Yeah if they don't school together they probably aren't the same species. Though I have panda cories that are clearly all the same species but for some reason tend to hang out in two separate groups. Try looking at their dorsal fins and see if they're the same shape. Peppered cories have more pointy dorsal fins while bronze cories have more rounded dorsal fins. If the fins look the same on both groups they're likely the same species, but if the albinos have more rounded dorsal fins than they're almost certainly albino aeneus.
 
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James1978

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Here's quite a few pics - they are hard to take of active fish The albinos are all so similar in size and look. I have two larger peppered corys - maybe 1.5 inches, and two smaller 1 inch ones, but they look very similar. There's one pic of the tank to show it in general. You can see the albinos sticking together mid tank near the right, and the peppered corys sticking to the bottom left near the driftwood.

Thanks for all the help!
 

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PubliusVA

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Yeah, I'm pretty sure that the albinos are C. aeneus, not C. paleatus like the peppered cories. Note how the dorsal fin is rounded on the back on the albinos in s 0651, 0652, and 0654, while the peppered cory in 0657 has a very triangular dorsal fin with a straight line on the back.
 
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James1978

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PubliusVA said:
Yeah, I'm pretty sure that the albinos are C. aeneus, not C. paleatus like the peppered cories. Note how the dorsal fin is rounded on the back on the albinos in s 0651, 0652, and 0654, while the peppered cory in 0657 has a very triangular dorsal fin with a straight line on the back.
So that would mean I should get 1 or 2 more of each, right?

Would 6 albinos, 6 peppered, 3 platys, and 2 angelfish be too much?

38 gallon tall, planted tank. 2 filters - Penguin 350's, will be switching one of the 350's with an EheI'm 2213 soon.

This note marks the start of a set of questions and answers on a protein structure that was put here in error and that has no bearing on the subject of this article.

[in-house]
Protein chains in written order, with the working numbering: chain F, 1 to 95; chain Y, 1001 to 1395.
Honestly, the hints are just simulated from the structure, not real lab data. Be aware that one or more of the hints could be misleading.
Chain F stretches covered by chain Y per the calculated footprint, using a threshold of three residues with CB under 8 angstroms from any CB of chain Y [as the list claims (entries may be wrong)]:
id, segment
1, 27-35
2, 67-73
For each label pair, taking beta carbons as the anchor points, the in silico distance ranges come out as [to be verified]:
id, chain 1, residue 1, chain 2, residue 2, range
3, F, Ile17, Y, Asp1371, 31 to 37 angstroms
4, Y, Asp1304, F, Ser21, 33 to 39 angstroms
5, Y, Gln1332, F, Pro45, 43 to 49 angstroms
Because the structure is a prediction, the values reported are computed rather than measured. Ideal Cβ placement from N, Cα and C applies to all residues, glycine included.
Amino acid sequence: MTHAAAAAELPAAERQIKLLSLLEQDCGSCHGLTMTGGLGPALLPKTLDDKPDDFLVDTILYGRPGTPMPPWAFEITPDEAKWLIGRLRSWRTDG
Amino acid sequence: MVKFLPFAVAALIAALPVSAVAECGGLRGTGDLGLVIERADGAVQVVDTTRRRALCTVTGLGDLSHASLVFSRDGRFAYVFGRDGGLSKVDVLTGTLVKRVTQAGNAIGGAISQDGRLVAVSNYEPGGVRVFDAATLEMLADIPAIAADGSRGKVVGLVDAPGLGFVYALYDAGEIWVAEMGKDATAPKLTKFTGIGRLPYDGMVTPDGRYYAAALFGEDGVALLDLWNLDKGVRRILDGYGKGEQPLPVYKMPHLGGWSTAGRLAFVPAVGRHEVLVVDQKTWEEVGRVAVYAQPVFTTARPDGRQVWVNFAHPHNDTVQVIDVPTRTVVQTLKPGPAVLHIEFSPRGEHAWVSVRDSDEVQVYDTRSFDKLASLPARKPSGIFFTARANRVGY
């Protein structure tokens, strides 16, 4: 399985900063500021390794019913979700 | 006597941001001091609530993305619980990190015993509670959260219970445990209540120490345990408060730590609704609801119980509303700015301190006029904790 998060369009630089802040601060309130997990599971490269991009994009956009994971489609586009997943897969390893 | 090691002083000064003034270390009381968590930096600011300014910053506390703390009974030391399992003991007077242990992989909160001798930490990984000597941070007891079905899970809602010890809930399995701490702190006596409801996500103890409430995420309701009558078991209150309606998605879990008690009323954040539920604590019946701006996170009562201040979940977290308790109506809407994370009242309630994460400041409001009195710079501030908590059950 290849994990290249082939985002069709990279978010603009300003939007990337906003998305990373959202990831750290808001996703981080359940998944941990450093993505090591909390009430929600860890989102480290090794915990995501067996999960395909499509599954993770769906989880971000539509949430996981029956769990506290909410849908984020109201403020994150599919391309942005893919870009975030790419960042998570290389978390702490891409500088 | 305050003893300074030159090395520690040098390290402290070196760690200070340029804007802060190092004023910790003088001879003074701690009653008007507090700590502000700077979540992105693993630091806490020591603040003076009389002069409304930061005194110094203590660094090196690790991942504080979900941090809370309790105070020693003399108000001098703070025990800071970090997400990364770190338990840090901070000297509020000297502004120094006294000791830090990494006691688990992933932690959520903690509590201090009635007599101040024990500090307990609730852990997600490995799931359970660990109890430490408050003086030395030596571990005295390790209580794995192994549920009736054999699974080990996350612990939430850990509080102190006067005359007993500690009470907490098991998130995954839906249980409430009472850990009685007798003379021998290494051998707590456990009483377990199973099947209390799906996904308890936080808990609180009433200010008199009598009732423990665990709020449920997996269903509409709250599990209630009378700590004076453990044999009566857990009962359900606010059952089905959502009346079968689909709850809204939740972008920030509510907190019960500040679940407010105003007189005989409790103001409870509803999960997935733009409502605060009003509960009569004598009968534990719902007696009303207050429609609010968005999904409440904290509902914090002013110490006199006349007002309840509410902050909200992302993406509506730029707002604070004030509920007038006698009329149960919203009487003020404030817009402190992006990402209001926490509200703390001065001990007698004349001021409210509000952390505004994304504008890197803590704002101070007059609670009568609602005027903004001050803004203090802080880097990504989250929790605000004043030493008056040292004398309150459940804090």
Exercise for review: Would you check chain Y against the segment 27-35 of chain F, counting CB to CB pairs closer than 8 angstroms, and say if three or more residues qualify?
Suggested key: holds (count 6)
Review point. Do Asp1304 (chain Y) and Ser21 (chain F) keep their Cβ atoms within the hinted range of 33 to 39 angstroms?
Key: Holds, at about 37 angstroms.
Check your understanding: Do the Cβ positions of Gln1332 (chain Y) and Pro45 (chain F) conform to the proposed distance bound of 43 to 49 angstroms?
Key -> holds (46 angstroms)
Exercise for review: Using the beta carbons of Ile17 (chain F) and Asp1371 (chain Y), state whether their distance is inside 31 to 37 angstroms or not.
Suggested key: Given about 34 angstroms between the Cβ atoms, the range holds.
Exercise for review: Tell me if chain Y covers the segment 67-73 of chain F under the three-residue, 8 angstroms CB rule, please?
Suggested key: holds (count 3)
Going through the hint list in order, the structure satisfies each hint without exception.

James
 

angelcraze

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Hmmm, I was just thinking angelfish like it warmer than cories. But if you are not breeding them, they don't have to be kept at 78/80°F. They can be kept at temps of 75/76°F, their metabolism would be slower (slower to grow up, less of an appetite, longer longevity), but there lower temps also reduce the immune, so keeping the tank clean with fresh water, the filters rinsed and substate siphoned becomes more important. I think cories are ok with 76°F, but I don't keep them myself because of my higher temps (I also keep rams).

One other possible issue is that platys are too innocent/cute/gentle to get out of the angelfish's way when they decide to breed. They don't seem to learn like tetras. Platys also do better in harder water. But sometimes fish can adjust to a happy medium, especially locally bred or tank raised fish.

I don't think it's too much in a nicely planted tank if you're prepared to change out water as often as you need to to keep the nitrates below 10ppm (I keep them lower) and TDS within 60 points of your tap water (as a general guide). My TDS stays within 90-120. Stock slowly and keep testing the water closely while stocking. That's my advice.
 
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James1978

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Sorry if this is a stupid question...what is TDS???
James
 

angelcraze

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Total Dissolved Solids. It gives you an idea of how soft your water is, but angelfish don't generally like a lot of minerals in the water. I just said 60 points higher than your tap to stress how changing water is important with angels. They can adjust to higher levels of minerals, especially if you're not intending to breed/raise them, but they still like fresh clean water.
 
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James1978

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I don't currently test the hardness/softness of water - just what comes with the API test kit: Ammonia/Nitrates/Nitrites/pH...I guess I'd have to buy a different test kit? Should I do that before purchasing an angelfish?
 

angelcraze

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Might be a good idea to order a TDS meter of Amazon or something. I've seen them for around 5$. I personally like to test my kh and gh. pH doesn't really tell us that.